compounds that have the same molecular
formula but different structural formulas
– For the molecular formulas CH4, C2H6, and C3H8,
only one structural formula is possible; there are
no constitutional isomers for these molecular
– For the molecular formula C4H10, two constitutional
isomers are possible.
Question: do the structural formulas in each set
represent the same compound or constitutional
Solution for (a):
(a) They represent the same compound.
Solution for (b):
(b) They represent constitutional isomers.
Problem: draw structural formulas for the five
constitutional isomers of molecular formula C 6H14
Number of Possible Isomers
for Selected Alkanes
• The IUPAC name of an alkane with an
unbranched chain of carbon atoms consists of
(1) a prefix: the number of carbon atoms in the
(2) the suffix -ane: shows that the compound is a
• The name of an alkane with a branched chain
of carbon atom consists of:
– a parent name: the longest chain of carbon atoms
– substituent names: the groups bonded to the
a substituent group derived from an alkane by
removal of a hydrogen atom.
– commonly represented by the symbol R-.
– named by dropping the -ane from the name of the
parent alkane and adding the suffix - yl.
1. The name for an alkane with an unbranched
chain of carbon atoms consists of a prefix
showing the number of carbon atoms and the
2. For branched-chain alkanes, the longest
chain of carbon atoms is the parent chain and
its name is the root name.
3. Name and number each substituent on the
parent chain; use a hyphen to connect the
number to the name.
4. If there is one substituent, number the parent
chain from the end that gives the substituent
the lower number.
5. If the same substituent occurs more than
– Number the parent chain from the end that gives
the lower number to the substituent encountered
– Indicate the number of times the substituent occurs
by a prefix di-, tri-, tetra-, penta-, hexa-, and so on.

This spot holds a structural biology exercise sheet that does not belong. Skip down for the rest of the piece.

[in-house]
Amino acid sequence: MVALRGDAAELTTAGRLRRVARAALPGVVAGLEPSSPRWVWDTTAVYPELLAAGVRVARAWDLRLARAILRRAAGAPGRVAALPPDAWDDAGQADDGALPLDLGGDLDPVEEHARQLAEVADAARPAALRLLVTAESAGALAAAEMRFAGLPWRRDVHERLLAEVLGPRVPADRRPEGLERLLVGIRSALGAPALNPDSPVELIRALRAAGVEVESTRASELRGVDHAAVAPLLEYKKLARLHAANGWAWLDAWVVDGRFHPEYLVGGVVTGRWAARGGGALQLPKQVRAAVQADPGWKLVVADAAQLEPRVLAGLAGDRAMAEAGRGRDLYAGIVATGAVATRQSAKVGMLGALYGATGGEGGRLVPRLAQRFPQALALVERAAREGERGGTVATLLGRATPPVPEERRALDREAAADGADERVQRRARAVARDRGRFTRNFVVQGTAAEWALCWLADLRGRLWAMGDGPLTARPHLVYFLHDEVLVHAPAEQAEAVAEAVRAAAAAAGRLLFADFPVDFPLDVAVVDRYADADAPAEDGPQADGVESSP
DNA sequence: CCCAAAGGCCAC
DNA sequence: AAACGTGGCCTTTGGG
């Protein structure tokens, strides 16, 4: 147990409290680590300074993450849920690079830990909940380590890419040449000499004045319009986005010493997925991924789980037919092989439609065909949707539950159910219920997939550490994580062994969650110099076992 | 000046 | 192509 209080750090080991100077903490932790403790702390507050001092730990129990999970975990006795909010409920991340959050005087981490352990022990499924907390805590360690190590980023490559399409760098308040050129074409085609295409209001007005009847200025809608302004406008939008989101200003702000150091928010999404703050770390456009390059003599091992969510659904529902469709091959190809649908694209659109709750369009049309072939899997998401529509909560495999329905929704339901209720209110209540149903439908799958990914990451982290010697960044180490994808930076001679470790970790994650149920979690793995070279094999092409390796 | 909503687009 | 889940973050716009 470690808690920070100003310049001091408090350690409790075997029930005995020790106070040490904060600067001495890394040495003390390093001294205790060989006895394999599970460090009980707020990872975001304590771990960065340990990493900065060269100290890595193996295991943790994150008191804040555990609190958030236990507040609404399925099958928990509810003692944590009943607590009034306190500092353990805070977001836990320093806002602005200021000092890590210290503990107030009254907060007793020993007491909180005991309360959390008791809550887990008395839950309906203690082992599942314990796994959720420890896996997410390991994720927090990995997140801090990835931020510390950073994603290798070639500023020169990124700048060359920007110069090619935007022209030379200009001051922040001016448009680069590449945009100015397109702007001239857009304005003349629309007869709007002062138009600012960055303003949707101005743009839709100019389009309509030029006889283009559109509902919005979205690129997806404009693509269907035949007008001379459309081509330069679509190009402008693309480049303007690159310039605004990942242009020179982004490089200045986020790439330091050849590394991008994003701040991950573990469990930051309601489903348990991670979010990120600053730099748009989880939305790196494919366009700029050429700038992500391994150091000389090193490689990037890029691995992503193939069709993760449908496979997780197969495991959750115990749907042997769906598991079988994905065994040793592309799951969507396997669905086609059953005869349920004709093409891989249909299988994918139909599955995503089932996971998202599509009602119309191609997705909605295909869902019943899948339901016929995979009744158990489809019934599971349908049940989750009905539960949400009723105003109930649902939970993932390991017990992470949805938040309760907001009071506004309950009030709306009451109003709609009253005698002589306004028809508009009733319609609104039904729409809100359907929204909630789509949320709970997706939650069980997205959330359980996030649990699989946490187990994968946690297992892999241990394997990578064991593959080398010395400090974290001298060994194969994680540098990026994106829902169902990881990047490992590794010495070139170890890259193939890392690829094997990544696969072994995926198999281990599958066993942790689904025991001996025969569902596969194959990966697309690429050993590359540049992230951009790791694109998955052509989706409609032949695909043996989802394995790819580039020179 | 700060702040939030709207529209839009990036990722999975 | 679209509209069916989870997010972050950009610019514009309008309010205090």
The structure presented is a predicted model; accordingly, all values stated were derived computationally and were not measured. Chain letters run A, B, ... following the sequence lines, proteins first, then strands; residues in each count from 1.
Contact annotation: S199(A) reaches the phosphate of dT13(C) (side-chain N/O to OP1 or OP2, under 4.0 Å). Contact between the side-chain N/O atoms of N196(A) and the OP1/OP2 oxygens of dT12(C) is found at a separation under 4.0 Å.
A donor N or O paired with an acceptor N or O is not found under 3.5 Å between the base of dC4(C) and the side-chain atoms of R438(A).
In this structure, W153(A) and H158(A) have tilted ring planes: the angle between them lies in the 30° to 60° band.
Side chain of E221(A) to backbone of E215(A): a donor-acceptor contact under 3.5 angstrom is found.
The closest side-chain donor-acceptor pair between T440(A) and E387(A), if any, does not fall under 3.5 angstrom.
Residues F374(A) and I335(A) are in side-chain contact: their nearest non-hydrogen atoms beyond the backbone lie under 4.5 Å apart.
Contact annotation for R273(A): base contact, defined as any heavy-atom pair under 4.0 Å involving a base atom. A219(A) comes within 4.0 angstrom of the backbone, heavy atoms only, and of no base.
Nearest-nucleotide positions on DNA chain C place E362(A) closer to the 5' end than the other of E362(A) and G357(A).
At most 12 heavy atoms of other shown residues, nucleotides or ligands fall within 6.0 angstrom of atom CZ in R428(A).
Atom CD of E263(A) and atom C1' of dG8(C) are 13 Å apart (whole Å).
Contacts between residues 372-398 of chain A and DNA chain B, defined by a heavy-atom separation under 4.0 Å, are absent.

– Use a comma to separate position numbers.
6. If there are two or more different substituents:
– list them in alphabetical order.
– number the chain from the end that gives the lower
number to the substituent encountered first.
– If there are different substituents in equivalent
positions on opposite ends of the parent chain,
give the substituent of lower alphabetical order the
7. Do not include the prefixes di-, tri-, tetra-, and
alphabetize the names of substituents first,
and then insert these prefixes
• Cyclic hydrocarbon: a hydrocarbon that
contains carbon atoms joined to form a ring.
• Cycloalkane: a cyclic hydrocarbon in which all
carbons of the ring are saturated.
– Cycloalkanes of ring sizes ranging from 3 to over
30 carbon atoms are found in nature.
– Five-membered (cyclopentane) and six-membered
(cyclohexane) rings are especially abundant in
– To name a cycloalkane, prefix the name of the
corresponding open-chain alkane with cyclo-, and
name each substituent on the ring.
– If there is only one substituent on the ring, there is
no need to give it a location number.
– If there are two substituents, number the ring
beginning with the substituent of lower alphabetical
Conformation of alkanes
• any three-dimensional arrangement of atoms
in a molecule that results by rotation about a
– following are three conformations for a butane
Physical properties of Alkane
• The most important physical property of
alkanes and cycloalkanes is their almost
complete lack of polarity.
– The electronegativity difference between carbon
and hydrogen is 2.5 - 2.1 = 0.4 on the Pauling
– Given this small difference, we classify a C-H bond
as nonpolar covalent.
– Alkanes are nonpolar compounds and the only
interaction between their molecules are the very
weak London dispersion forces.
Melting and boiling points of Alkanes:
– Boiling points of alkanes are lower than those of
almost any other type of compound of the same
– In general, both boiling and melting points of
alkanes increase with increasing molecular weight.
Physical properties Cont…
• Solubility: a case of “like dissolves like”.
– Alkanes are not soluble in water; they are unable
to form hydrogen bonds with water.
– Alkanes are soluble in each other.
– Alkanes are also soluble in other nonpolar organic
compounds, such as toluene and diethyl ether.
– The average density of the liquid alkanes listed in
Table 11.4 is about 0.7 g/mL; that of highermolecular-weight alkanes is about 0.8 g/mL.
– All liquid and solid alkanes are less dense than
water (1.0 g/mL) and, because they are insoluble
in water, they float on water.
Where do hydrocarbons come from?
1) Natural gas
– 90 to 95 percent methane
– 5 to 10 percent ethane, and
– a mixture of other relatively low-boiling alkanes,
chiefly propane, butane, and 2-methylpropane.
– A thick, viscous liquid mixture of thousands of
compounds, most of them hydrocarbons formed
from the decomposition of marine plants and